Three women in Northern Ireland are smashing stereotypes and championing powerlifting as a way to improve wellbeing and promote how empowering it can feel to be physically strong.
British Army powerlifters Lance Corporal Platten of 2 Royal Irish, Private Grant-Nichols of 2 RIFLES and Private Clancy of the Staff and Personnel Support (SPS) branch of the Army, are part of a growing number of women taking to the intense strength sport.
LCpl Platten told Rachael Price, a broadcaster for BFBS the Forces Station, that there were few women in the sport when she started but she added: "Now it's just bursting at the seams with females, it's great.
"It's one of those sports that everybody just supports each other.
"I don't know half of the girls in there and I'm chatting to them all - everybody's just so supportive."
The women enjoy seeing other female soldiers on the platform lifting weights which she said might make some reconsider taking on the challenge, especially when their lighter bodyweight in comparison to some of their male counterparts is considered.
LCpl Platten said: "It's just one of those sports that just completely throws a curveball.
"Especially to people who know nothing about it.
"Women are taking powerlifting by storm, 100%."
Pte Grant-Nichols believes that women naturally bring with them something a little different to the sport. Her own experience has shown her that women are great at boosting the confidence of those around them but can flip from supportive to competitive in an instant, saying: "Some of the guys are little bit like wary and we're a little bit more emotionally connected as women.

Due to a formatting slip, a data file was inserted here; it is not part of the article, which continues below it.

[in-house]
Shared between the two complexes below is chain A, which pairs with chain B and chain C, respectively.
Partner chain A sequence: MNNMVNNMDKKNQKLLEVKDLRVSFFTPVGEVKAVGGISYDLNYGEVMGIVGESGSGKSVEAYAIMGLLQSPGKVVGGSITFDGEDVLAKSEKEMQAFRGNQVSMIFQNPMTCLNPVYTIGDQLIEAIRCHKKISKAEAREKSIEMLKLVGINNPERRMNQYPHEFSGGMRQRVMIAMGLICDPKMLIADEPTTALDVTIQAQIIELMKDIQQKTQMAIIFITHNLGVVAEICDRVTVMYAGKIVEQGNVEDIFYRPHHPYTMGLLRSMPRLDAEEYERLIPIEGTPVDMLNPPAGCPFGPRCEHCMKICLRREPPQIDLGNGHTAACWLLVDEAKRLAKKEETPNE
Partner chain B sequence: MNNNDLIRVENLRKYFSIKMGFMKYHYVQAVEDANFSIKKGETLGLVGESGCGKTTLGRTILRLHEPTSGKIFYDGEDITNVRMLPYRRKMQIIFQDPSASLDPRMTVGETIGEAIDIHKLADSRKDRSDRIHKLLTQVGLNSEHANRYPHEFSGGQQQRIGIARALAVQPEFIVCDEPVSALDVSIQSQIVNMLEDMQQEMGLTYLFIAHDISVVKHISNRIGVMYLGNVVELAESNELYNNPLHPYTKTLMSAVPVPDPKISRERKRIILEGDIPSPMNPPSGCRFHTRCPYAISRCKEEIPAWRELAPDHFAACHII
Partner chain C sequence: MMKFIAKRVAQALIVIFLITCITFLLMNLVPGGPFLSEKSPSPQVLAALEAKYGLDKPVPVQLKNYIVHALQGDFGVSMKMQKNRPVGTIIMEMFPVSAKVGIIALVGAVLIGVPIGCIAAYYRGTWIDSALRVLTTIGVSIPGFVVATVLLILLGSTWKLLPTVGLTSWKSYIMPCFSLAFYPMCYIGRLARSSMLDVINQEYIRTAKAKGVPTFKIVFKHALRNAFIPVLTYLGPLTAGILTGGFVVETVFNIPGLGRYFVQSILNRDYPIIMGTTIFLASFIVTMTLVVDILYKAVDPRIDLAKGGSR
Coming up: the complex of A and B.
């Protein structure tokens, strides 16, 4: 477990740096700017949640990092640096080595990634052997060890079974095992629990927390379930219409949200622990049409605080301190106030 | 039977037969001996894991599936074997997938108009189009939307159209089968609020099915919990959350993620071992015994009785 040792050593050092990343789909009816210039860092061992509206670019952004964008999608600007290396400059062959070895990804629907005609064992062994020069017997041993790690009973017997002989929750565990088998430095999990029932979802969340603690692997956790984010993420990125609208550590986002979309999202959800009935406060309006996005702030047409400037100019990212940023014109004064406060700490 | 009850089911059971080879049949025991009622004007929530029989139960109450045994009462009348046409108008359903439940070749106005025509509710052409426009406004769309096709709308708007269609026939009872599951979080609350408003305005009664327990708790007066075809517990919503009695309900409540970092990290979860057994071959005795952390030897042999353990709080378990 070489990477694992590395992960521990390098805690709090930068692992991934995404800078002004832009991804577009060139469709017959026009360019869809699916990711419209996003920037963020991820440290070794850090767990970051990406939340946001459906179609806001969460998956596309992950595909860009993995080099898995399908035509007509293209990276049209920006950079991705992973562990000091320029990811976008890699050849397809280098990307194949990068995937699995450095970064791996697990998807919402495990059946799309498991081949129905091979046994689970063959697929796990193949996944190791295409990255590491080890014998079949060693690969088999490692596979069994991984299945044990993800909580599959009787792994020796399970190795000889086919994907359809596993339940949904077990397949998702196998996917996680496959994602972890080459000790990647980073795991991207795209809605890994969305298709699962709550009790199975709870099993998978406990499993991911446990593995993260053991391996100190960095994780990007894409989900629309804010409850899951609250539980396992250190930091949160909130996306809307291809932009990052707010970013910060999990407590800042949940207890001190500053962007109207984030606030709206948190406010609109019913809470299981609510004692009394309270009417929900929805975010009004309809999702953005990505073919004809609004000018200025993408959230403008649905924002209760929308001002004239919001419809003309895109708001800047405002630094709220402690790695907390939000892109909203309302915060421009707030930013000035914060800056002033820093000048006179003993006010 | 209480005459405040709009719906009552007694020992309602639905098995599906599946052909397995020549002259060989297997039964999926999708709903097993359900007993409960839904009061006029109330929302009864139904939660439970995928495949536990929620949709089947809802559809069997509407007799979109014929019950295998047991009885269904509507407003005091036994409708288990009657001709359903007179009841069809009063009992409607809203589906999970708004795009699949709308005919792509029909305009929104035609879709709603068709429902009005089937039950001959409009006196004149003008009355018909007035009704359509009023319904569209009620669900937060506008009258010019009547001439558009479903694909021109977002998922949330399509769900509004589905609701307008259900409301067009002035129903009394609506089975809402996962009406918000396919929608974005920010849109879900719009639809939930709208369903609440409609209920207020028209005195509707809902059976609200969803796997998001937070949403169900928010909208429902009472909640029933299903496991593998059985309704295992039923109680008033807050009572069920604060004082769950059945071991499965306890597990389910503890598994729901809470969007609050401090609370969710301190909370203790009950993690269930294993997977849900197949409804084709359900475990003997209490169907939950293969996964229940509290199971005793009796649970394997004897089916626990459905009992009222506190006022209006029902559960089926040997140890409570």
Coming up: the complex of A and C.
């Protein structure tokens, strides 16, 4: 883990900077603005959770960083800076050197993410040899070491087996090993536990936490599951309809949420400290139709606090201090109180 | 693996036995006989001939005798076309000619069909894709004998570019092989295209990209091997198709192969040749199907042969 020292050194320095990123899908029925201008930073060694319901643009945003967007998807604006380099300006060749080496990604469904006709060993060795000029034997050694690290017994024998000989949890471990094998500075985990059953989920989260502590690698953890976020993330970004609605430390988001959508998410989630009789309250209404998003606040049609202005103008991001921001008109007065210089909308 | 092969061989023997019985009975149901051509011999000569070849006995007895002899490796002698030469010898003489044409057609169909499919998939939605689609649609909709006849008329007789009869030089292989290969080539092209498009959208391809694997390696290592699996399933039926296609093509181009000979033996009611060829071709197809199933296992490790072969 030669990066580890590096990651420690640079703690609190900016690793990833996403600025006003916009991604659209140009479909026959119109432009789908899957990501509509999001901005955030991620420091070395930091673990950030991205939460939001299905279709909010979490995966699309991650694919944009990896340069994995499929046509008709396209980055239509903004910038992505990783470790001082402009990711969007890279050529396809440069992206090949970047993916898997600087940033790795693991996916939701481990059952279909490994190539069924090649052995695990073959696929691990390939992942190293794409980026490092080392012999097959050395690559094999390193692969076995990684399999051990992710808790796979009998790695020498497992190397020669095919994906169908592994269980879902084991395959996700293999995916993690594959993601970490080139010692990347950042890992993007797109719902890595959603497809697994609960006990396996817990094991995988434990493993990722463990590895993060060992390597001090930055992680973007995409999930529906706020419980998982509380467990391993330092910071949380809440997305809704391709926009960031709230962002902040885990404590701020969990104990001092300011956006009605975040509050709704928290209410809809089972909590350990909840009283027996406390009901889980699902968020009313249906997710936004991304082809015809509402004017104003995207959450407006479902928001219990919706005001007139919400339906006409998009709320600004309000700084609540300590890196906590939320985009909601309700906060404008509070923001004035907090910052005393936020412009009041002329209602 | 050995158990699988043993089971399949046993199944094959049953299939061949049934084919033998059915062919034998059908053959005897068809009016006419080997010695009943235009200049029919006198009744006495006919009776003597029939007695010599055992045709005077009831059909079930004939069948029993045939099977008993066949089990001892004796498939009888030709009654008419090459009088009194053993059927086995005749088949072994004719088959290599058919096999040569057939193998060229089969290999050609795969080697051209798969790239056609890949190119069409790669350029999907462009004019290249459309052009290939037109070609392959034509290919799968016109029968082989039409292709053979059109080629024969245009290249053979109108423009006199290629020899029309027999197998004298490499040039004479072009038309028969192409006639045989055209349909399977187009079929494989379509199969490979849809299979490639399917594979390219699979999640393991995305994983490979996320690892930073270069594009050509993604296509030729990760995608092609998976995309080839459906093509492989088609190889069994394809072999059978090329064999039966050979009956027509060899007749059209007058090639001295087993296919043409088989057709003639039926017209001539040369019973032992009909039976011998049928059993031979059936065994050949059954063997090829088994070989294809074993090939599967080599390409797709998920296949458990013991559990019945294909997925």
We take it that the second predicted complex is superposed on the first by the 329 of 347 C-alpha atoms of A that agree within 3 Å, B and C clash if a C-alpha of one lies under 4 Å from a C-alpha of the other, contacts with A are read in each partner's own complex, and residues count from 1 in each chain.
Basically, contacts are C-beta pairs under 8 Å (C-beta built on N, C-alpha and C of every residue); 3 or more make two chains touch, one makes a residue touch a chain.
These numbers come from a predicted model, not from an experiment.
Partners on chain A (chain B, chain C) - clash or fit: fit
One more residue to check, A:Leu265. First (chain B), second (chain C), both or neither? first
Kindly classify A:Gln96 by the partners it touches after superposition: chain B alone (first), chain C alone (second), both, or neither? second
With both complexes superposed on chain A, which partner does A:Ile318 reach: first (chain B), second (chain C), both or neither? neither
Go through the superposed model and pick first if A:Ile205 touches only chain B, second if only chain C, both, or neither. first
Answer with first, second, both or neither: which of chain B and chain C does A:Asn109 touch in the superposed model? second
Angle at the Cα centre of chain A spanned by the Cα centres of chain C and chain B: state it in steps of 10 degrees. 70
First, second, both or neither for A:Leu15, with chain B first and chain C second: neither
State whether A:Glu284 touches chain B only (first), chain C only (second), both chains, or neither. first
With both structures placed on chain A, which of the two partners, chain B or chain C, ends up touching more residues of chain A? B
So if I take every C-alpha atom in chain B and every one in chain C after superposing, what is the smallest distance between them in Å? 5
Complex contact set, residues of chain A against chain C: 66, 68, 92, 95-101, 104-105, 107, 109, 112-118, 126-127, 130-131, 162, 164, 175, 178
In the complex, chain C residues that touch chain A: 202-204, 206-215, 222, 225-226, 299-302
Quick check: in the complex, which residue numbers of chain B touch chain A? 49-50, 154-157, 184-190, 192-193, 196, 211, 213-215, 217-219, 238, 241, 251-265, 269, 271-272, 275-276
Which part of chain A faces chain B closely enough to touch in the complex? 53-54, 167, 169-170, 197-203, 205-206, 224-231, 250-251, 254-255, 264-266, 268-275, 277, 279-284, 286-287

"We're like 'come on, you've got this' and we give them a little pep talk but at the same time we can switch like that and be in your face screaming at you when you need it."
Banter is a large component of military life and it's something Pte Grant-Nichols said is ever-present while training, especially when stereotypes can be broken down and seen in a light-hearted way, adding: "There's the stereotype of women that women who lift heavy sometimes pee on the platform and things like that and the attitude in our club is if you pee, it's fine as long as you make that lift."
The way the women look at it, their gender does not define their ability to be powerful and successful. The only thing that matters are the statistics.
As long as the numbers on the statistics board improve and each powerlifter is making progress and achieving new records, there are no losers. Pte Grant-Nichols said: "When we walk in that door, there's not much of a, 'you're a woman, you're a man' – we’re just all there by numbers on the board.
"I'll be able to go in there tomorrow or tonight and change my figures on that board because I'm going to beat every one of my records today."
Private Clancy, of the SPS, uses powerlifting to break stereotypes, promote physical strength to the wider military community and nourish her mental health, saying: "For me, it's my happy place.
"Any exercise at all is good for you but I think being able to feel strong and come out empowered is what makes my day."
The soldier believes in the benefits of exercise, in particular the act of controlled physical aggression.
For her, the act of lifting heavy weights helps her to take any anger she might feel during the act and not elsewhere, saying: "Whenever you're angry, there's something heavy to take it out on.
"You have to be angry, you have to channel your anger, or whatever emotion you want to feel to get that bar up in a controlled way so you don't take that anger away from the gym."
Cover image credit: Lance Corporal Platten (taken by Glenn Kirkpatrick), Private Grant-Nichols and Private Clancy